Junior Katia Dahmani, sophomore Tori Van Vleck, junior Yasmin Gupta, freshman Monet Cook, senior Kaeleigh Valverde and sophomores Bella Mathisen and Lia Kaufman high five Big Valley Christian players after losing their match.

Kevin Huang
Junior Katia Dahmani, sophomore Tori Van Vleck, junior Yasmin Gupta, freshman Monet Cook, senior Kaeleigh Valverde and sophomores Bella Mathisen and Lia Kaufman high five Big Valley Christian players after losing their match.

After a long season and months of collaboration and teamwork, the girls varsity volleyball team lost, 0-3, to Big Valley Christian on Nov. 3 in the first round of playoffs.

From the get-go, the girls were behind. They picked up towards the end of the first set, but lost the set, 17-25.

They started to cool off again in the beginning of the second.

At time out, they were down, 5-15. Shortly after, they scored seven points in a row.

But after their sudden gain, they came down again, losing the second set, 13-25.

According to sophomore Heidi Johnson, the third set seemed to be the Cavs’.

“It wasn’t until the third game we really got going,” Johnson said.

In the middle of the set, they were on a massive winning streak, and there was lots of communication on the court.

Freshman Monet Cook hits a ball as sophomore Lia Kaufman runs behind ready to assist.

Kevin Huang
Freshman Monet Cook hits a ball as sophomore Lia Kaufman runs behind ready to assist.

When the Cavs were up 21-17, the crowd was going wild, and even coach Sarah Song was screaming in delight, opening her arms wide and bouncing up and down.

But soon after, the Big Valley Christian girls came up rapidly from 18 to 23 in a matter of minutes.

The last few minutes of the third set were jaw-clenchingly suspenseful. If the Cavs had won that set, the teams would have had to battle it out for at least one more set.

In the end, the Cavs couldn’t pull through, losing that decisive set narrowly, 23-25.

Nonetheless, there were many factors going into this game that were not in the Cavs’ favor.

Johnson believes that fear and anxiety got the best of them that evening.

“People were feeling some nerves, knowing how important the game was and that it might be our last,” Johnson said.

Captain Alexa Mathisen also noted that the girls began resorting to the same weakness that has been their Achilles’ heel for the entire season: passing.

“We didn’t block well, which made them better able to get kills,” Mathisen said.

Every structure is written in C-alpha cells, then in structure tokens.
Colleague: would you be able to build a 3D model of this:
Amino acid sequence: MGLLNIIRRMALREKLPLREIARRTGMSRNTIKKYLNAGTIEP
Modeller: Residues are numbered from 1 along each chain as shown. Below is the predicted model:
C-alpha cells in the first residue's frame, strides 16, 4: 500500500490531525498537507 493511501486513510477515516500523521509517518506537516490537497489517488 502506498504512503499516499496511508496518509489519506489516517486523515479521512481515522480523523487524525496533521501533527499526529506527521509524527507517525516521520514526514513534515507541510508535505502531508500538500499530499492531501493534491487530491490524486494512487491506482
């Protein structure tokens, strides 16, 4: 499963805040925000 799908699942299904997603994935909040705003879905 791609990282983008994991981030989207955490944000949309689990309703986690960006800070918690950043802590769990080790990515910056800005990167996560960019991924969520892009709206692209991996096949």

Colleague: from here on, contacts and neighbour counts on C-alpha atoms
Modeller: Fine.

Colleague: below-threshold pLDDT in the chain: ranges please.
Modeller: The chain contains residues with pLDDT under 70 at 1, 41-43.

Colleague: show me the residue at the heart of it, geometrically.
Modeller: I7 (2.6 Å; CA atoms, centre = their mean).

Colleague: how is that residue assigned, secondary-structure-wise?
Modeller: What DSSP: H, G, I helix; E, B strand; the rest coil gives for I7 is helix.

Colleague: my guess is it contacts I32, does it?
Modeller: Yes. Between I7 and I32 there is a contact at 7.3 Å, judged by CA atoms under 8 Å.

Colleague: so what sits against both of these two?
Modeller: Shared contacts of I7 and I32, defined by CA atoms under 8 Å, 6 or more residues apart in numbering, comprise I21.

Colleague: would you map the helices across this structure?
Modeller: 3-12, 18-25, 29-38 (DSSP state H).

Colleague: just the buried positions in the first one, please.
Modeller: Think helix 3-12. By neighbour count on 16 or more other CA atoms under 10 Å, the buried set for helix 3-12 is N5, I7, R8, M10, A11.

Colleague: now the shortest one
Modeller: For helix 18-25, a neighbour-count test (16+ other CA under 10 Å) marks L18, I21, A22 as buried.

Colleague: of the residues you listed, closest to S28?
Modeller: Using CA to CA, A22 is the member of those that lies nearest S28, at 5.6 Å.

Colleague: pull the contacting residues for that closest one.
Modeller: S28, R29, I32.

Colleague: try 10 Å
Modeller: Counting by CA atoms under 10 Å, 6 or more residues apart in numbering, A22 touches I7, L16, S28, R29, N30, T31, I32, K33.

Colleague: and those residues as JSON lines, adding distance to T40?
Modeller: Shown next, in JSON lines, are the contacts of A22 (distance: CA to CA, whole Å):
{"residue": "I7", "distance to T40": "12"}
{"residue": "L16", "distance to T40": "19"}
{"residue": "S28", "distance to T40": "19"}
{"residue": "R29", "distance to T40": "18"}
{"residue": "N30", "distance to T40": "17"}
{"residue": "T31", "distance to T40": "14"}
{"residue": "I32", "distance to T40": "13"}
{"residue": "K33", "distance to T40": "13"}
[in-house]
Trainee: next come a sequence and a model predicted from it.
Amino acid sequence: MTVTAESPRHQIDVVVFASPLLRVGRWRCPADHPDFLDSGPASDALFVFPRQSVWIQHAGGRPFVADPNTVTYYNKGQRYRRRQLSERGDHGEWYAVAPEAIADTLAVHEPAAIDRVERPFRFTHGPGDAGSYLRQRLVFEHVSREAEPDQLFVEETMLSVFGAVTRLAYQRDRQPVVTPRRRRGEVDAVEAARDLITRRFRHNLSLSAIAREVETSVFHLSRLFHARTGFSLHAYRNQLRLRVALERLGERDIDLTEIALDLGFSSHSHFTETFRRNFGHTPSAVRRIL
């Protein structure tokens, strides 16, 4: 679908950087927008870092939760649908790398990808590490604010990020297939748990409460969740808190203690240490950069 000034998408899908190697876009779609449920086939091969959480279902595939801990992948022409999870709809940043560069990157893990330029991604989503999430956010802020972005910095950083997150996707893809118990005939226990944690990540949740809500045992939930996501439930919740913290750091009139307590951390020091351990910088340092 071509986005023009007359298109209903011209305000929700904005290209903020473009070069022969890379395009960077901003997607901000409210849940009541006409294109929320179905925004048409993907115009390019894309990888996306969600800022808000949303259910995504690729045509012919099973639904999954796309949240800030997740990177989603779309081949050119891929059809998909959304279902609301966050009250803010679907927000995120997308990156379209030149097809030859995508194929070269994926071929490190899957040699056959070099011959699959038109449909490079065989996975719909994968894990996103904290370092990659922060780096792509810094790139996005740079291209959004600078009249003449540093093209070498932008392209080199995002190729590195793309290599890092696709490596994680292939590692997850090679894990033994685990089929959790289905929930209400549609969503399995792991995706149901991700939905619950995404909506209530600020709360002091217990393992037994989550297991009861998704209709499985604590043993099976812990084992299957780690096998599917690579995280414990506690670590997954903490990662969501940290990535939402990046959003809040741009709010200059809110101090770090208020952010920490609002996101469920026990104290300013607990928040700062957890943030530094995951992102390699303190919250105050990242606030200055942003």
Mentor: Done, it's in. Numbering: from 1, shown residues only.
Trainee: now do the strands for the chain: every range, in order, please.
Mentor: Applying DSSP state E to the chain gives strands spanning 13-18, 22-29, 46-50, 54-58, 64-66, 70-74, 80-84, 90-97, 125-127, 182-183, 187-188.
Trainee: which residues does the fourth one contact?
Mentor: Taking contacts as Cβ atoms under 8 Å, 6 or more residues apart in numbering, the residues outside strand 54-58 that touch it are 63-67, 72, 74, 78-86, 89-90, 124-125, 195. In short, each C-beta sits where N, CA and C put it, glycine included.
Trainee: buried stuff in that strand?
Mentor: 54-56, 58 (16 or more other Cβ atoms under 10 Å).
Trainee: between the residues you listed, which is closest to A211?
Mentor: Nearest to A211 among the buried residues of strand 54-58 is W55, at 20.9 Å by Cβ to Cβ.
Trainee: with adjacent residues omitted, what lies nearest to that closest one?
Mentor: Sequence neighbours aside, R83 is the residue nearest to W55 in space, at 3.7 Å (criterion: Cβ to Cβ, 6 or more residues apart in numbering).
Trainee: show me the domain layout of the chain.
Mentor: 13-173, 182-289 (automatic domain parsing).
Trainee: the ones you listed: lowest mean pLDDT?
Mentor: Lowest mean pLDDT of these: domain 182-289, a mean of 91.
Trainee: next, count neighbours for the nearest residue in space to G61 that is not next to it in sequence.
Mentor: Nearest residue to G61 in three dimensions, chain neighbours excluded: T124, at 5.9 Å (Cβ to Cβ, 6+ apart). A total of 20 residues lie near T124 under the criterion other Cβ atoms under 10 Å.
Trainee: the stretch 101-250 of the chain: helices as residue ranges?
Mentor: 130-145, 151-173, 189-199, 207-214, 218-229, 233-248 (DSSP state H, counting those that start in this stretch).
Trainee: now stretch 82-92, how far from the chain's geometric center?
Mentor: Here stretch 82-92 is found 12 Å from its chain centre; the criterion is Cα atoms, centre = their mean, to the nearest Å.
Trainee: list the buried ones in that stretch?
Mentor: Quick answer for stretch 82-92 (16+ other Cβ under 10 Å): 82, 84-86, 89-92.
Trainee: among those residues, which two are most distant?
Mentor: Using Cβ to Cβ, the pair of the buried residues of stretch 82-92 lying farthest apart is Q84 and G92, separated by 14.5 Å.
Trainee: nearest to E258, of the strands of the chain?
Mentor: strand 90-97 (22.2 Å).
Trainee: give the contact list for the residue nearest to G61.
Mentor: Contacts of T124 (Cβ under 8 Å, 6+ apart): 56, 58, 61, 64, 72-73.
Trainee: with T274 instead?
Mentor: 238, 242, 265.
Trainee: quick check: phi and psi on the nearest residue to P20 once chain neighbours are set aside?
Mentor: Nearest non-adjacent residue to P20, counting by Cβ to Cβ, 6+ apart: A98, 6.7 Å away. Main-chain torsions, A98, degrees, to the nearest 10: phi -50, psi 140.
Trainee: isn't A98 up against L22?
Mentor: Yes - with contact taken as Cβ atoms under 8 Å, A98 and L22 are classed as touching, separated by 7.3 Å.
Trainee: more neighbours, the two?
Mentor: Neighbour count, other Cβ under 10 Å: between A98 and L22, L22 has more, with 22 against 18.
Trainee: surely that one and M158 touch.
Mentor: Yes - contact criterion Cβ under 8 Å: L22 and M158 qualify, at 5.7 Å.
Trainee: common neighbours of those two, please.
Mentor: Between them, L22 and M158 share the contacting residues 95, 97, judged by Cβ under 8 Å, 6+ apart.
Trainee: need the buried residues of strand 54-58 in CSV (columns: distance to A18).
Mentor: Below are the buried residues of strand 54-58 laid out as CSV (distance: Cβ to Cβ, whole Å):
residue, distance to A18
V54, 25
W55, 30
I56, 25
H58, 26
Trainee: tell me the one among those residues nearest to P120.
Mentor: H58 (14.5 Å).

“We could’ve passed better off serve receive. Almost all of our swings we took in system (in their three-touch system) on the net were kills, but when we passed poorly, our sets weren’t as great and we weren’t in a good position to get kills.”

Senior Alexa Mathisen gets into position to receive a serve from Big Valley Christian.

Kevin Huang
Senior Alexa Mathisen gets into position to receive a serve from Big Valley Christian. Mathisen is being recruited for volleyball by a number of colleges.

Maybe Big Valley Christian’s biggest strength will turn out to hurt them next year. Their team was all seniors and juniors with just one freshman.

On the other hand, the Cavs will lose only Mathisen, Kaeleigh Valverde and Isabelle Leavy next year, leaving the team largely unchanged.

“Every year that our seniors leave, I miss their qualities,” Song said.

“(Mathisen), (Leavy) and (Valverde) will be missed, and I hope that the players next year will step up into leadership positions.”

Mathisen, one of the team’s starters, played outside of school and has been recruited for her volleyball abilities.

Although this ending was disheartening, the girls took it in stride, as their coaches Song and Jason Kreps have been emphasizing the entire season.

“We had good spirits and energy, and we fought really hard to get that lead,” Johnson said.

“Unfortunately it wasn’t enough in the end, but it was still a fun and rewarding season.”

Junior Yasmin Gupta agreed, saying she believes the team has improved.

The girls started off unsure as to how everyone was going to play on court, as they had had very little experience with each other.

Then, merely few weeks into the season, freshman Bri Davies suffered a knee injury, leaving a large hole to be filled for the girls.

Nonetheless, they carried through.

Junior Annya Dahmani spikes a ball.

Kevin Huang
Junior Annya Dahmani spikes a ball.

“A lot of people stepped up, and we gave it our all,” Gupta said.

Johnson ended on a positive note with her feelings on next year.

“We tried so many different lineups and positions for different players, but no matter what everyone tried their best, and no one complained,” Johnson said.

“For a largely new team who also had a great player injured in the beginning of the season, I think we did a great job of adapting, learning and winning league!”

By Chardonnay Needler

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